PS: Good
BS: Good
VR: Poor

Berkeley Review:

Their PS and BS are tough, not representative of the real MCAT, but they prepare you for it. Although, I still think the Princeton Review PS and BS passages are better. Berkeley Review VR section sucks too. They are too long and tend to focus more on detail than real MCAT.

PS: Average
BS: Average
VR: Poor

ExamKrackers:

Their PS, BS, and VR kind of representative of the real MCAT, but are a little harder. I think the ExamKrackers test might be the most representative out of all the Prep Company test. However, ExamKrackers explanation for their test sucks!! Kaplan Explantions are the best, yes even better than Princeton Review.

PS: Good
BS: Good
VR: Good

MCAT Success 2004:

Their 4 full length tests are not representative. VR, PS, and BS focuses too much on memorization and not much on critical thinking. Their VR is alright

PS: Poor
BS: Poor
VR: Poor

The Gold Standard 5th edition:

Their 3 full length tests are hard, not representative of the real MCAT. Their PS and BS focuses more on computational works and less on critical thinking. Their VR are alright.

PS: Average
BS: Average
VR: Average

NOVA MCAT's Physic:

Their PS do not represent the REAL MCAT one bit!! Although they explain the physic concept well.

PS: Very Poor



Well that is what I can say when I compare all these tests.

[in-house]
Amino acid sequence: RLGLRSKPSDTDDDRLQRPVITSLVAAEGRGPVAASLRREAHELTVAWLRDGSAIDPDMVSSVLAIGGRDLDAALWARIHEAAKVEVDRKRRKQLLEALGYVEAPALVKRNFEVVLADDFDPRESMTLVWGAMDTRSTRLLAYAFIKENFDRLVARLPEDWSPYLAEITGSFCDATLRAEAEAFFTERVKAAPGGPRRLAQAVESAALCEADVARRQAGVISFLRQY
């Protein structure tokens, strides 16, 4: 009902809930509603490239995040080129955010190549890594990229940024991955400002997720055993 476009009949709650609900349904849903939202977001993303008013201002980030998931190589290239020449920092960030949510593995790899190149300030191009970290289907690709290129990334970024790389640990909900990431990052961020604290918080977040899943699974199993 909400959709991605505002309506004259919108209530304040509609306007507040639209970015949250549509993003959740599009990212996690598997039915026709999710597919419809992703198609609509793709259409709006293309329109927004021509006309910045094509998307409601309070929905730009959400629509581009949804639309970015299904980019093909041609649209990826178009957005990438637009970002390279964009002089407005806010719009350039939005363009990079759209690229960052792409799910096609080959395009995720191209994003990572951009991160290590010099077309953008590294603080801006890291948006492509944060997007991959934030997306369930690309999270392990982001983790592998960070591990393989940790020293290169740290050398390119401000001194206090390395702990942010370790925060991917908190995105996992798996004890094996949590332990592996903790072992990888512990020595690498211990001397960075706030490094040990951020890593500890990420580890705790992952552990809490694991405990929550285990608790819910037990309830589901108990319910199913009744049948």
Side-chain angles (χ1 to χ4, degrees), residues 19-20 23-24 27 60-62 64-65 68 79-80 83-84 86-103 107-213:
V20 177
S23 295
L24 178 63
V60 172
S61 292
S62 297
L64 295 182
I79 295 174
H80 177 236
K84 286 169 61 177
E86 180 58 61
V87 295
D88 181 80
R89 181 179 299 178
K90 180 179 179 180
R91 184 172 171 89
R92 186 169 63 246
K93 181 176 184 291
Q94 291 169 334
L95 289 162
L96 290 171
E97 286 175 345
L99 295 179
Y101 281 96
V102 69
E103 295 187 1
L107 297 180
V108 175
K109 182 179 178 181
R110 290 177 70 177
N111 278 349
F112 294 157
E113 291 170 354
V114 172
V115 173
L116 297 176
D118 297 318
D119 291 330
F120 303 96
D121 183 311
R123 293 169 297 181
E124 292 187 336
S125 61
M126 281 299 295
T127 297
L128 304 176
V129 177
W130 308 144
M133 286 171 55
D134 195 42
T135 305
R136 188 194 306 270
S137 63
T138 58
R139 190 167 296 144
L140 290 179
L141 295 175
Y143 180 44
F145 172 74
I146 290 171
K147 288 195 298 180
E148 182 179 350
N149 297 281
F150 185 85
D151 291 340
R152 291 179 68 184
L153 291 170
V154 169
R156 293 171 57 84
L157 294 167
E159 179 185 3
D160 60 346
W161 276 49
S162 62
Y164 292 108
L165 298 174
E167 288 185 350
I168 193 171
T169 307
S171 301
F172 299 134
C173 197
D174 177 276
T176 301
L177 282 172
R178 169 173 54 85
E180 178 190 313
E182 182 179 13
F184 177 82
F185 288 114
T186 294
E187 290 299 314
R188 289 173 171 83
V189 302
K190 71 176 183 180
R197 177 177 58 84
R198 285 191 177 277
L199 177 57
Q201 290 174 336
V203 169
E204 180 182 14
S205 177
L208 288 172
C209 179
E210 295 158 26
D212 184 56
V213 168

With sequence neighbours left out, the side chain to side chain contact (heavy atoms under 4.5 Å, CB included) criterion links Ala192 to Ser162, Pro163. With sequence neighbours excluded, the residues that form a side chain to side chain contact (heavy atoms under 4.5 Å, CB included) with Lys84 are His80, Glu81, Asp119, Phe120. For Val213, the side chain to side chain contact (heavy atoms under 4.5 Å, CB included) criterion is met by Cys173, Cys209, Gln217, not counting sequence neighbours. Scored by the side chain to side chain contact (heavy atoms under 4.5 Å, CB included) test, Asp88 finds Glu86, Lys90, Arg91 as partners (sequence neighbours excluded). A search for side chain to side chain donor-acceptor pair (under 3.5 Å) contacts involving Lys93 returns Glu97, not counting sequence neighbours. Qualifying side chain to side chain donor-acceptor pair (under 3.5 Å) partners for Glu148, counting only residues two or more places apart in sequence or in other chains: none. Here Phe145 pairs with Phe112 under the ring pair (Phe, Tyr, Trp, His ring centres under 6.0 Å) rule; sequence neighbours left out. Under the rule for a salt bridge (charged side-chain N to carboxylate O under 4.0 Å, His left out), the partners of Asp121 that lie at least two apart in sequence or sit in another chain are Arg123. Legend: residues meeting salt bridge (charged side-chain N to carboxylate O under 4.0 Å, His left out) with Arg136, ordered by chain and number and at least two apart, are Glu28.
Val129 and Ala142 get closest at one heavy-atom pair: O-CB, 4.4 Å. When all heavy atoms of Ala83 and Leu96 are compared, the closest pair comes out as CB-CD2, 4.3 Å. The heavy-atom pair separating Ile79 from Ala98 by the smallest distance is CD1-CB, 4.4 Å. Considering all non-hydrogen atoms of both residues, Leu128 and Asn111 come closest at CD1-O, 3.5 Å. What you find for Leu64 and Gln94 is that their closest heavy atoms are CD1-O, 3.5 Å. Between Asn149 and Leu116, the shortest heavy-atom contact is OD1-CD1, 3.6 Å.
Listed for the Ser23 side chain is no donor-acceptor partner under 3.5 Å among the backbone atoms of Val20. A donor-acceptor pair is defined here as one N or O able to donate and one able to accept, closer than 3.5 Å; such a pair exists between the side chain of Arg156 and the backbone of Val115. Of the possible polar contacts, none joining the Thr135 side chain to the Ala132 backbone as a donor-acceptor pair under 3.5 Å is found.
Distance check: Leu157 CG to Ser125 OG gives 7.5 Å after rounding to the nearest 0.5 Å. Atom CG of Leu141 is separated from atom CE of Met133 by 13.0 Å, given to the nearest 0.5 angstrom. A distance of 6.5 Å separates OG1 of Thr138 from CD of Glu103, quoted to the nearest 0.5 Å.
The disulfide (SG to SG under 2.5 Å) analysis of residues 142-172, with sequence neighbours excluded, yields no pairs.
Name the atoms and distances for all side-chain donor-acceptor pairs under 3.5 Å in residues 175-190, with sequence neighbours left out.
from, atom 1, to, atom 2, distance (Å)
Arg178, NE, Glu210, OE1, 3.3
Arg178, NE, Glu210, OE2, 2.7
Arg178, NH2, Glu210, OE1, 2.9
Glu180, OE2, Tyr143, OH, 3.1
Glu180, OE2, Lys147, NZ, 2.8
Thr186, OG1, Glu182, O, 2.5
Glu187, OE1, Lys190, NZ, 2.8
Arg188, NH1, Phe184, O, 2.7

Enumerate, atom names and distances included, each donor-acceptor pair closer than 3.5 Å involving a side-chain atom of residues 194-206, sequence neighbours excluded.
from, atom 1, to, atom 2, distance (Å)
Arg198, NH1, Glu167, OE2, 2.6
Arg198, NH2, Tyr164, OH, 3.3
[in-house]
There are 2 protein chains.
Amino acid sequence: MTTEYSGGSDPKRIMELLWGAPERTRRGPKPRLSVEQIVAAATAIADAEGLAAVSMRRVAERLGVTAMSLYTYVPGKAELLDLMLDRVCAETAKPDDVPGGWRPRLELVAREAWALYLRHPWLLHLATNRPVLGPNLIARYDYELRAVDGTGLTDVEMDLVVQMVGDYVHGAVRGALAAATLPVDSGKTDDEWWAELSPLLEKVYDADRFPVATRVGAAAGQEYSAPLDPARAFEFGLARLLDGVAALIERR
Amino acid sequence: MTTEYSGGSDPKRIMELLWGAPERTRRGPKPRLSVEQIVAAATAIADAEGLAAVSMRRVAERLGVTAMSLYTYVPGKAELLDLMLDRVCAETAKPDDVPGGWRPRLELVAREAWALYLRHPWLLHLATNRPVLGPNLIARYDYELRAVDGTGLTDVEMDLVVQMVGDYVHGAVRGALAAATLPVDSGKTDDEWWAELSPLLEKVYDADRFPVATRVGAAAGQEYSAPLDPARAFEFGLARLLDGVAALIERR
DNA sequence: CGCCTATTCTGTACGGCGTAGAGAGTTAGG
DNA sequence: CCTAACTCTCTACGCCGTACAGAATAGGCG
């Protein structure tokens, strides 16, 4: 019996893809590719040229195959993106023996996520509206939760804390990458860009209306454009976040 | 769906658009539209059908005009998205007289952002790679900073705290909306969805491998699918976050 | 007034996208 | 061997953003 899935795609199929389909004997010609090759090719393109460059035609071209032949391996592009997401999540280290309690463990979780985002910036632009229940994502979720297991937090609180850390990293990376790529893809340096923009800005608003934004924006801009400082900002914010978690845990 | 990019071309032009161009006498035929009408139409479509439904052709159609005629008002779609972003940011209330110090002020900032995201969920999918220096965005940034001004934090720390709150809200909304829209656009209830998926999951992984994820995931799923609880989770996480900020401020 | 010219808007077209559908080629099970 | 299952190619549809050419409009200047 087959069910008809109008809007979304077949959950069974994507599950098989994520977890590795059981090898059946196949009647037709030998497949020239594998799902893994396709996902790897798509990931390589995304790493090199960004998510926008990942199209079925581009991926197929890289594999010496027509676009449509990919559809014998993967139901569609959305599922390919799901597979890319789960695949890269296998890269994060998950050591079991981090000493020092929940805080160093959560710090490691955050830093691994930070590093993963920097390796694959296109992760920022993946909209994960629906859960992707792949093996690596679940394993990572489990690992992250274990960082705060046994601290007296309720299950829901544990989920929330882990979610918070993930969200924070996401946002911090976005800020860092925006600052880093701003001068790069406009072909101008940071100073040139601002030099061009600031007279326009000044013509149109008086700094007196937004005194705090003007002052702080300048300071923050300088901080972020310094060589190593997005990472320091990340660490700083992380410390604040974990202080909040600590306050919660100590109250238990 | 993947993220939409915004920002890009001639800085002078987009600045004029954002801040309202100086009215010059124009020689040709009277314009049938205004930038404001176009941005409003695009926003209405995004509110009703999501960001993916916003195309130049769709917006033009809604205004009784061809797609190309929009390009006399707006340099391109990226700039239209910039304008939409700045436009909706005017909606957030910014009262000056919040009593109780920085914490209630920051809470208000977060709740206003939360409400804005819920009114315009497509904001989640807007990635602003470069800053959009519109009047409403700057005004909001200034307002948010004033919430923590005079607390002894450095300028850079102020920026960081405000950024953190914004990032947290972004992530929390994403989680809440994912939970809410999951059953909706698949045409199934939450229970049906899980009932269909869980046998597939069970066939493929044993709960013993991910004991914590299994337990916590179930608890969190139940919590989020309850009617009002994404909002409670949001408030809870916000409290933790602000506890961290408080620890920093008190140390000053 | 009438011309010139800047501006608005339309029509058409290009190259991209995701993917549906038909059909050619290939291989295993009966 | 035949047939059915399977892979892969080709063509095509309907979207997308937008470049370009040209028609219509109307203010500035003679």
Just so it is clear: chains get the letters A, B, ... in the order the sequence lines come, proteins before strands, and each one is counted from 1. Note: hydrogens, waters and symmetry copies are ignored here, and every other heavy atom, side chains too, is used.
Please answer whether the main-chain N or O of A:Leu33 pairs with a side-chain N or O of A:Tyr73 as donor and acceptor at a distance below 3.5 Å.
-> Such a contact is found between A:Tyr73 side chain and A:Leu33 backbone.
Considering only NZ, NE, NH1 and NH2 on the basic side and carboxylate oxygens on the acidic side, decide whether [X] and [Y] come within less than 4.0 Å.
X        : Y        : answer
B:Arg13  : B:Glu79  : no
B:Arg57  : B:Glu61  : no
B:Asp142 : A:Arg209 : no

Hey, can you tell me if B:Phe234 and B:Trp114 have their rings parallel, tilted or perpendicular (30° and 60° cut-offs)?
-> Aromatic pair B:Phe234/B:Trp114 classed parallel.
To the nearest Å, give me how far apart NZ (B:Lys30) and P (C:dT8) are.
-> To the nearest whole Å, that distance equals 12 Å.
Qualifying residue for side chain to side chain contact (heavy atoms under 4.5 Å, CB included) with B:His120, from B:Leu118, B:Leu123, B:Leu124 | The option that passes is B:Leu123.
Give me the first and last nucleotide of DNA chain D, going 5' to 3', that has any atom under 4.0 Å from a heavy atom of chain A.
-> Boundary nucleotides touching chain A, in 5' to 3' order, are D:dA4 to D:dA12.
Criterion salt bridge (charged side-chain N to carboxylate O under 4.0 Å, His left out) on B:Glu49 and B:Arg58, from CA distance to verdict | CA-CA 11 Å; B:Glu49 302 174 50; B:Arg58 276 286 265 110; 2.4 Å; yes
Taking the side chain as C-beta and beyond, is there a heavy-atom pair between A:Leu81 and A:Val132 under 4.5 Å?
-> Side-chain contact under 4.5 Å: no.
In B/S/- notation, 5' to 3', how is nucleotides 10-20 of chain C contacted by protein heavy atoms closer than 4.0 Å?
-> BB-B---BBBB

IndyZX

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The Nova Physics book doesn't have any practice tests in it. They do have some passages, that are very unlike the MCAT stuff I have seen, but the problem sets after each chapter are just that, problem sets.
 

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The Kaplan tests are much tougher than what you'll see on test day. Practicing them will boost your confidence when you face the actual MCAT in two weeks. It'll be like taking candy from a baby compared to the Kaplan material, especially those insane topical tests. Flash-approved. :thumbup: The AAMC tests are much, much easier than either Kaplan or TPR and give you a sense of complacency. Then you get caught with your pants down on test day. They are, however, extremely valuable in relating question formats and content that you can expect.

Oh, and if you don't think that the real MCAT focuses on "memorization and obscure formulas," you'll be in for a surprise. Last April, one my of PS questions was "What is Boyle's Law?"
 

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that's just cruel and unusual. like you need to know boyles law versus charles law to actually solve a problem...

<mental note to self - memorize which is which>
 

farley is god

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Originally posted by dfleis